While the ministry spokesperson emphasised that the market price and the auction clearing price are not necessarily the same, the two have been close for the first two auctions. In March, 4.75 million units were auctioned for $36 per unit, when the spot price was $38.75. The market price fell $1.50 the next day. In the June auction, the opposite happened - the auction cleared at $41.70, just above the market price of $40.90. The next day, the spot price jumped $2.35.

This indicates the cost containment reserve is likely to be opened up, if not completely emptied, in September's auction. This situation raises questions that go beyond the details of the settings as outlined by the commission and could pose a threat to New Zealand's ability to meet its carbon budgets: Namely, what to do about the enormous, existing stockpile of carbon credits.

Much of this stockpile was obtained by taking advantage of the Government's $25 fixed price offer. Until recently, ETS participants could satisfy the requirement to surrender NZUs by paying $25 a tonne to the Government, while building up stockpiles of NZUs for use later.

The Government also still gives out a number of free NZUs to big emitters. In the early 2010s, these big emitters surrendered cheap bunk credits from overseas to the Government to cover their emissions while banking the NZUs for later. Those overseas credits - which often didn't represent any real emissions removals or reductions - are no longer usable, but the big NZU stockpile is.

The ETS cap will be set in line with the commission's emissions budgets. But units representing emissions reductions from prior to 2021 can be surrendered without breaking that cap. In other words, a polluter could emit far more than it has new NZUs to account for and simply cancel some of its stockpile of older credits. From the ETS' perspective, everything is in order. But any emissions which aren't covered by post-2020 NZUs could exceed the Government's carbon budgets.

"Although stockpiled NZUs in the secondary market are still available for use by businesses in the NZ ETS, their use does not contribute towards meeting New Zealand's emissions reduction targets because they represent emissions reductions that occurred prior to 2021," the Ministry for the Environment website states.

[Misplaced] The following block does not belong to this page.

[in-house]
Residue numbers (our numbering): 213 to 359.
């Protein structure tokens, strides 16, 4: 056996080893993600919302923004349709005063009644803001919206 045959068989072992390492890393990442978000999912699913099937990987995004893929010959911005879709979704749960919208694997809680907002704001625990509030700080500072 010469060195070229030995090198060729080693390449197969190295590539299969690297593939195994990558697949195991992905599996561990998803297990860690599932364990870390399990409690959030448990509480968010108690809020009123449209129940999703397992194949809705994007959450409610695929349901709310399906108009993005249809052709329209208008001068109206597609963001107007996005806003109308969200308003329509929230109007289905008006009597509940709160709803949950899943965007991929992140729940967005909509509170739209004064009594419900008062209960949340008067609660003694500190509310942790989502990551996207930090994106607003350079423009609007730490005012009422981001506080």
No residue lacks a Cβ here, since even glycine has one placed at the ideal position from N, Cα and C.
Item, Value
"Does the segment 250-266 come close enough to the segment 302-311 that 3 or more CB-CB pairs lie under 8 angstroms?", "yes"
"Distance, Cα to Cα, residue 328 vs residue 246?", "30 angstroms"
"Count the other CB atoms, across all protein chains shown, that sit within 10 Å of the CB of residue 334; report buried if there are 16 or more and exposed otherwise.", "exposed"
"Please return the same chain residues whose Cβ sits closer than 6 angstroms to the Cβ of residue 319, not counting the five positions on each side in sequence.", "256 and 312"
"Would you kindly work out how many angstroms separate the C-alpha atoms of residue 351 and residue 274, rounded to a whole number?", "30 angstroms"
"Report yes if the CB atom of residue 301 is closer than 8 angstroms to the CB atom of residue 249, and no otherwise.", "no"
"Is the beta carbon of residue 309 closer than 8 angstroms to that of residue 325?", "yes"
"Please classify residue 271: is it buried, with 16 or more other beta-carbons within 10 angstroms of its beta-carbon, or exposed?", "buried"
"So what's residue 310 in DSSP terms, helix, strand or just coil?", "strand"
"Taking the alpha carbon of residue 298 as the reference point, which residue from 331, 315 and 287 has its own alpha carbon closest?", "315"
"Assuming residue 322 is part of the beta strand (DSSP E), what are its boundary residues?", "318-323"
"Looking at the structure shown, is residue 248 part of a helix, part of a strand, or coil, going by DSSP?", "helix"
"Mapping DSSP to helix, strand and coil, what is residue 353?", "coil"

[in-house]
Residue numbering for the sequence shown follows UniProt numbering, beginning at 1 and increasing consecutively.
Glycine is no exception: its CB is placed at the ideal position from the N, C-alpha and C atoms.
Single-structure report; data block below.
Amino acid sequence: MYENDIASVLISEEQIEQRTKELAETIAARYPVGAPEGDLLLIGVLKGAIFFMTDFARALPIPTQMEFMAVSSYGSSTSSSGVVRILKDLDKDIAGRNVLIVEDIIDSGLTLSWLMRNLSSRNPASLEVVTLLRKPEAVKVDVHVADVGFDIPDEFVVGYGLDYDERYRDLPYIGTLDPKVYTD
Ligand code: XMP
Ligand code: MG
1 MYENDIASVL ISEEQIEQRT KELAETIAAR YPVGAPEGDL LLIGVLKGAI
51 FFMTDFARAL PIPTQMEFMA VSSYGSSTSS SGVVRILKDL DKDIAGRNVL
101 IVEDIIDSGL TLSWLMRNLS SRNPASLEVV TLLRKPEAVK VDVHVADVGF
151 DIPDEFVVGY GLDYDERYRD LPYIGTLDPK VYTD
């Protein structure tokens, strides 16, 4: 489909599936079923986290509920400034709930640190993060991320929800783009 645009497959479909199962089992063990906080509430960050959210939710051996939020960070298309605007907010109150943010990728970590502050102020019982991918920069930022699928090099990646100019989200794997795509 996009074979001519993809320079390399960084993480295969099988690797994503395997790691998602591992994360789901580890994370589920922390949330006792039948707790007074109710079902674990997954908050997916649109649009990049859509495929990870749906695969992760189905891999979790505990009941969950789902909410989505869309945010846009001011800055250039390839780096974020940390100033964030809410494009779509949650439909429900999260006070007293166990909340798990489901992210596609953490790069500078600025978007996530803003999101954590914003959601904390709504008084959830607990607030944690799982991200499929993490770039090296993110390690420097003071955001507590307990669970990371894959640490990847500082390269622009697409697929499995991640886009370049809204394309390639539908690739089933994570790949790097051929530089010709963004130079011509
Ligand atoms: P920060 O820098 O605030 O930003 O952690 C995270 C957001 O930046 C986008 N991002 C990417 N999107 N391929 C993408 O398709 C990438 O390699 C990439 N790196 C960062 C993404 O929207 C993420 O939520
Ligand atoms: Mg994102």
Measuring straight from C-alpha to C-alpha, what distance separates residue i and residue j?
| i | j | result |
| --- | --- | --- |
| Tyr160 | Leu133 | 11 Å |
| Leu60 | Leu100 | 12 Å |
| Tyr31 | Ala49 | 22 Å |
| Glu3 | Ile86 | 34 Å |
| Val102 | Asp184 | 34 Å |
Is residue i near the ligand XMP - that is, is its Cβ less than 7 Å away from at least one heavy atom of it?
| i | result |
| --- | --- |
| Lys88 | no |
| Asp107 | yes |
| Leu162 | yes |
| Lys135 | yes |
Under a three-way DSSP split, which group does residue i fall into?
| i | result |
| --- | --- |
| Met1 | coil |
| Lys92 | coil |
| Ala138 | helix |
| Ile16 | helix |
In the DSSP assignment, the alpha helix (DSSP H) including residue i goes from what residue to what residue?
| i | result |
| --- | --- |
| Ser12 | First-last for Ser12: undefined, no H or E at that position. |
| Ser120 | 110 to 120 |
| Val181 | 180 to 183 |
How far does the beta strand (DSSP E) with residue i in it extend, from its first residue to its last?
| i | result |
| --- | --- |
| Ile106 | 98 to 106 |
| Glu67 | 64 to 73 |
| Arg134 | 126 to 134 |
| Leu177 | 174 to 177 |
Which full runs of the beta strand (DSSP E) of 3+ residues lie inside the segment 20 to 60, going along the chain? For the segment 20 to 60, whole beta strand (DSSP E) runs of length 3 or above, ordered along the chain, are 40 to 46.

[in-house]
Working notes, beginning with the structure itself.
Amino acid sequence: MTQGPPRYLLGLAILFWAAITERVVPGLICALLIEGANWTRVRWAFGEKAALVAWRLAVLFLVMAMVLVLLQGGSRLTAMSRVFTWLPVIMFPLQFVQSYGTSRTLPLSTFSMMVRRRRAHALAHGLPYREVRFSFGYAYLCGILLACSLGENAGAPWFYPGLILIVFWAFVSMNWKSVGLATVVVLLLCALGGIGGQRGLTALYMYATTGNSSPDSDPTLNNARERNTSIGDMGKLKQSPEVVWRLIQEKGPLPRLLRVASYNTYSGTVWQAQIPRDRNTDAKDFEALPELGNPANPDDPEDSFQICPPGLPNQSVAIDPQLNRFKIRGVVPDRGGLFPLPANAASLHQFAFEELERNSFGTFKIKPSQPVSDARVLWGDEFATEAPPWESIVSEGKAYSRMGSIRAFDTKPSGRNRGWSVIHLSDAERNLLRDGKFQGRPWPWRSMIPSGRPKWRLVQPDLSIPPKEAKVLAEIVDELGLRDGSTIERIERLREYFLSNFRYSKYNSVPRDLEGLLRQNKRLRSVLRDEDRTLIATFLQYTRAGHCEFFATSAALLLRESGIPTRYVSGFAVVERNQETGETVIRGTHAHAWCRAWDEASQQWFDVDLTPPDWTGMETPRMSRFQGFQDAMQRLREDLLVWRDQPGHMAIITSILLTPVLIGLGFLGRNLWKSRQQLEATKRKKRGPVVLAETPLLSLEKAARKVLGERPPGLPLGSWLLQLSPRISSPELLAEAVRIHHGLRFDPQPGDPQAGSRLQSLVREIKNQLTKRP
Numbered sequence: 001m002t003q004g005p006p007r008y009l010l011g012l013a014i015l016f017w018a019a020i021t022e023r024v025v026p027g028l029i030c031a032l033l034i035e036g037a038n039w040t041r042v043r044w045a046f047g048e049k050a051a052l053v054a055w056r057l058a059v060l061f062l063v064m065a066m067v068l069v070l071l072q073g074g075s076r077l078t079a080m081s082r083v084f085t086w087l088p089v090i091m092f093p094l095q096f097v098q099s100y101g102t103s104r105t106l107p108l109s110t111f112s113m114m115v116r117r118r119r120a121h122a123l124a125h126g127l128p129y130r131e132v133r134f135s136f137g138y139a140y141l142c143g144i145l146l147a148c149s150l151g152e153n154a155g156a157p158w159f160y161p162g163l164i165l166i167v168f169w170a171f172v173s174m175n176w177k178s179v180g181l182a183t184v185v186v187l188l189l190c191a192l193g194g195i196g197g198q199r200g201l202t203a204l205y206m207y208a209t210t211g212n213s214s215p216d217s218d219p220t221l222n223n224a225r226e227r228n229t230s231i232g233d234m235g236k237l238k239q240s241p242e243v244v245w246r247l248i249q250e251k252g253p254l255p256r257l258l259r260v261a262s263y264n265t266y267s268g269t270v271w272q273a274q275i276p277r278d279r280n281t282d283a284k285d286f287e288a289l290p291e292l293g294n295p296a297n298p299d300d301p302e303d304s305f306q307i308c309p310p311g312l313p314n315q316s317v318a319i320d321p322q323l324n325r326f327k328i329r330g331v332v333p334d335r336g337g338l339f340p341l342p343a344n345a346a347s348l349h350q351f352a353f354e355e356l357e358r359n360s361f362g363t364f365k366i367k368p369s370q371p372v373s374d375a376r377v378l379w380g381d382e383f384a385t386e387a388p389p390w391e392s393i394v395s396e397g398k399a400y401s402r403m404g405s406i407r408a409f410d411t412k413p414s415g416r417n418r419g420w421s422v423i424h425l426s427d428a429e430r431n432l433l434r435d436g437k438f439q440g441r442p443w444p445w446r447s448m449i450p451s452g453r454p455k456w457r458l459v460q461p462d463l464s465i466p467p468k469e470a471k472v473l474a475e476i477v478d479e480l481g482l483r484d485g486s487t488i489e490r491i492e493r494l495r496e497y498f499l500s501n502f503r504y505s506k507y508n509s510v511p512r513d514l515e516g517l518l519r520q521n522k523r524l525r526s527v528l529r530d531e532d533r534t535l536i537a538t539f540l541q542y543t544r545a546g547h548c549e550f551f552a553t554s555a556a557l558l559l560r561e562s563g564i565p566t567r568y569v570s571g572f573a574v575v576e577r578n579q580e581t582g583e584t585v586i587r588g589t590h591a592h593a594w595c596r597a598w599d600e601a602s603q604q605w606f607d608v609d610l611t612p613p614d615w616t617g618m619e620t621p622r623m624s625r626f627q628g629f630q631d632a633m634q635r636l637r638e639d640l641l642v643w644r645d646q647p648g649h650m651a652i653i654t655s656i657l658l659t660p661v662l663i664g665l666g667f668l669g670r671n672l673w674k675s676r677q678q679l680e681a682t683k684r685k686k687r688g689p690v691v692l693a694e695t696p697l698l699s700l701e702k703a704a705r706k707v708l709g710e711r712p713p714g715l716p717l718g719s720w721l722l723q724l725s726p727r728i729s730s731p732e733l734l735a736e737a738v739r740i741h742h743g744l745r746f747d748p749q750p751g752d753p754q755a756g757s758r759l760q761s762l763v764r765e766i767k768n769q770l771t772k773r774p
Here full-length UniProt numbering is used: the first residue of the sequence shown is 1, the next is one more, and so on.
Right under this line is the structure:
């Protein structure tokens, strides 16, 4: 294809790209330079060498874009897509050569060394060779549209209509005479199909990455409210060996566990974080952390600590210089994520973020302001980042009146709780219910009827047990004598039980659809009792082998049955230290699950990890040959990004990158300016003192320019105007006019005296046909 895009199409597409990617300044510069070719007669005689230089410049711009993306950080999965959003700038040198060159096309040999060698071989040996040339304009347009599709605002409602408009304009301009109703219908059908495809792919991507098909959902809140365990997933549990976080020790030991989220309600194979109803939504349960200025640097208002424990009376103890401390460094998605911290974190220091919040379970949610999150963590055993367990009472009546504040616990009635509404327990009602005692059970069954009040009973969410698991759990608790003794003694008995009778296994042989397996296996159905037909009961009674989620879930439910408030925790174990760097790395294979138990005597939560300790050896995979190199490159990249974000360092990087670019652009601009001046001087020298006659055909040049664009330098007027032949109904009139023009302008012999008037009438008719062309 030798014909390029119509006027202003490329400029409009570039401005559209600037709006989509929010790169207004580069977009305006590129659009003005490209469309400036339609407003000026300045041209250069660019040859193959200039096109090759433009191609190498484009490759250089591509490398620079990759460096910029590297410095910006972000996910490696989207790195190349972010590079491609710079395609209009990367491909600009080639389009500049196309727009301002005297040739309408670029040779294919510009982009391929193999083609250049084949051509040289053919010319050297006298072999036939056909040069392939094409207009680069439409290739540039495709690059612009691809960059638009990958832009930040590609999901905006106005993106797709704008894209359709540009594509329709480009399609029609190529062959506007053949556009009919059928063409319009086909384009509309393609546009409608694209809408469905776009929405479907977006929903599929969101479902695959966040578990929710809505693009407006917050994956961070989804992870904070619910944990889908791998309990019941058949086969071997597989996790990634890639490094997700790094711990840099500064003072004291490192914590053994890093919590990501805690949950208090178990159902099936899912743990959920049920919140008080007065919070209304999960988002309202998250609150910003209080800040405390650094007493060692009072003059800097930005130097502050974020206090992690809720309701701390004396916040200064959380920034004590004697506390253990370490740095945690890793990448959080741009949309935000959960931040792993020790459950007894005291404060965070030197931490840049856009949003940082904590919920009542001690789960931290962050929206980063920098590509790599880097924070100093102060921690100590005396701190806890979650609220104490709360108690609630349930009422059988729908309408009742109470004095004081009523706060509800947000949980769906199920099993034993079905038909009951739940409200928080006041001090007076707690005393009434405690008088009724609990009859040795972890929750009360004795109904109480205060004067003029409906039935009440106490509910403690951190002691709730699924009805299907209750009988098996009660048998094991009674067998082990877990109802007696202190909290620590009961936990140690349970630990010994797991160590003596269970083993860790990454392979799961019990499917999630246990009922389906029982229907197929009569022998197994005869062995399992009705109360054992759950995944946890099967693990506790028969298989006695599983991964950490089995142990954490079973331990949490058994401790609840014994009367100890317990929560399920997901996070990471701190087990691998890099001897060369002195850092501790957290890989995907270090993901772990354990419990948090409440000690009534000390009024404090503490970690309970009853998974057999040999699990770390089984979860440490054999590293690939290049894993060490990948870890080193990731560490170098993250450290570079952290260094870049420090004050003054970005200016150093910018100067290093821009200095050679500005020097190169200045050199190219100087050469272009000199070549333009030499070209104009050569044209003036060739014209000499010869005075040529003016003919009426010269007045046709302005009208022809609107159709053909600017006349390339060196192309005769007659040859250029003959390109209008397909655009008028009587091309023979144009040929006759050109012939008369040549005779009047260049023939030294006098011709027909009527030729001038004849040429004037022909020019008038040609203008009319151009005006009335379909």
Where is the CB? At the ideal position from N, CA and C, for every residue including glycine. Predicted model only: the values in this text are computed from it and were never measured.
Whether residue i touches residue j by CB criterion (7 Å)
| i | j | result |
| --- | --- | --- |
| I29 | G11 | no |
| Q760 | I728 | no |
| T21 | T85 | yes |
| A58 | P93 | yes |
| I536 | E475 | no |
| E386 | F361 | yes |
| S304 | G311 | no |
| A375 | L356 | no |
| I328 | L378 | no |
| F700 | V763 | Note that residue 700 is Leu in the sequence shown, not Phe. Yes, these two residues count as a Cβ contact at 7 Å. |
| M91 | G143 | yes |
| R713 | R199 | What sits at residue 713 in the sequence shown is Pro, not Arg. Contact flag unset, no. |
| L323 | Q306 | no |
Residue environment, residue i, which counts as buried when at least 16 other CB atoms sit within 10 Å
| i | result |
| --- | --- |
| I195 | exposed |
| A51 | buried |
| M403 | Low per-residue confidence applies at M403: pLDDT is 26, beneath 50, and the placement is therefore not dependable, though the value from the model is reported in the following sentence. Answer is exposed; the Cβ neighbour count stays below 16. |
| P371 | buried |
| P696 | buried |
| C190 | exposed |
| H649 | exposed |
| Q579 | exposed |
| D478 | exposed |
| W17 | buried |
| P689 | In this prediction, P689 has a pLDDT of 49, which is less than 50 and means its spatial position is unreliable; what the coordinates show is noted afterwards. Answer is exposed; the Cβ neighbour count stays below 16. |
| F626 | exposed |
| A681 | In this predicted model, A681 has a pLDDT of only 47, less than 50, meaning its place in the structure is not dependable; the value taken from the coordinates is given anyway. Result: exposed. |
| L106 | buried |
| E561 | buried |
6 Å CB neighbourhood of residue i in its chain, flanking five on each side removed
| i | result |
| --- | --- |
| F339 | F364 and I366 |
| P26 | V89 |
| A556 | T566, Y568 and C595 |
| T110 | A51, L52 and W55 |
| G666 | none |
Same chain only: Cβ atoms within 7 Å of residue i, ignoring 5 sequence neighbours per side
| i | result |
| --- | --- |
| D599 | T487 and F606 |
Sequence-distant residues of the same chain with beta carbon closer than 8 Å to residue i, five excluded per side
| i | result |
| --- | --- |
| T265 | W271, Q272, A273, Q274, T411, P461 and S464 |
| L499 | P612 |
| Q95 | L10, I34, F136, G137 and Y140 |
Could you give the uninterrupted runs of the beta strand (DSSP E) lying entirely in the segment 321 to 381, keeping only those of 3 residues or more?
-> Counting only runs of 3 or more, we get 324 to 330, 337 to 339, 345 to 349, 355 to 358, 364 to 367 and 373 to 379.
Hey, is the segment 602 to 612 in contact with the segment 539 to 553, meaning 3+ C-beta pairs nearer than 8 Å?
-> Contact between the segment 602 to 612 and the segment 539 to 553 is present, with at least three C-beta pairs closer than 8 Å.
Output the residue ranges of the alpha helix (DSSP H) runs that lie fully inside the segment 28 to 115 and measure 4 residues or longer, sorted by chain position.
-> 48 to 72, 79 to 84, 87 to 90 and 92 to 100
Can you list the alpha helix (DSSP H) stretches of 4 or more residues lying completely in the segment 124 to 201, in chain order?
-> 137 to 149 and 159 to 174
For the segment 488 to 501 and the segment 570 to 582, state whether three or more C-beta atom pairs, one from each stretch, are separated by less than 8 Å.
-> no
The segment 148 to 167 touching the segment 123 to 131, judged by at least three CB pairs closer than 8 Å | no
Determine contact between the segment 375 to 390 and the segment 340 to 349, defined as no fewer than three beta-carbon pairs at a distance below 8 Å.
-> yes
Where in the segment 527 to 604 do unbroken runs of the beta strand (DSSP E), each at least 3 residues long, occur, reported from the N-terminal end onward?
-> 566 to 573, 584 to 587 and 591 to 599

The current stockpile of new and older NZUs sits at 134 million, as of March. These aren't all held by big emitters - about 71 million tonnes' worth is held by foresters, many of whom are planning to turn in credits to cover the emissions released when they harvest their trees.

But the total stockpile is nearly double what the commission's draft emissions budgets would allow the entire country to emit in each year from 2022 to 2025. In fact, once you take out agricultural emissions (which isn't in the ETS), the stockpile could cover 88 percent of emissions allowed over the entire first budget period.

This is why the commission urged the Government to alter the ETS settings.

"Not increasing them from current levels would risk triggering the cost containment reserve to release more units at auction in particular," the commission wrote in its evidence report.

"This would flow through to increasing the stockpile of surplus units in the market and depressing the NZU price, which in turn would make it very difficult to meet emissions budgets as the NZ ETS would not be able to drive the necessary emissions reductions."

Marc Daalder is a senior political reporter based in Wellington who covers climate change, health, energy and violent extremism. Twitter/Bluesky: @marcdaalder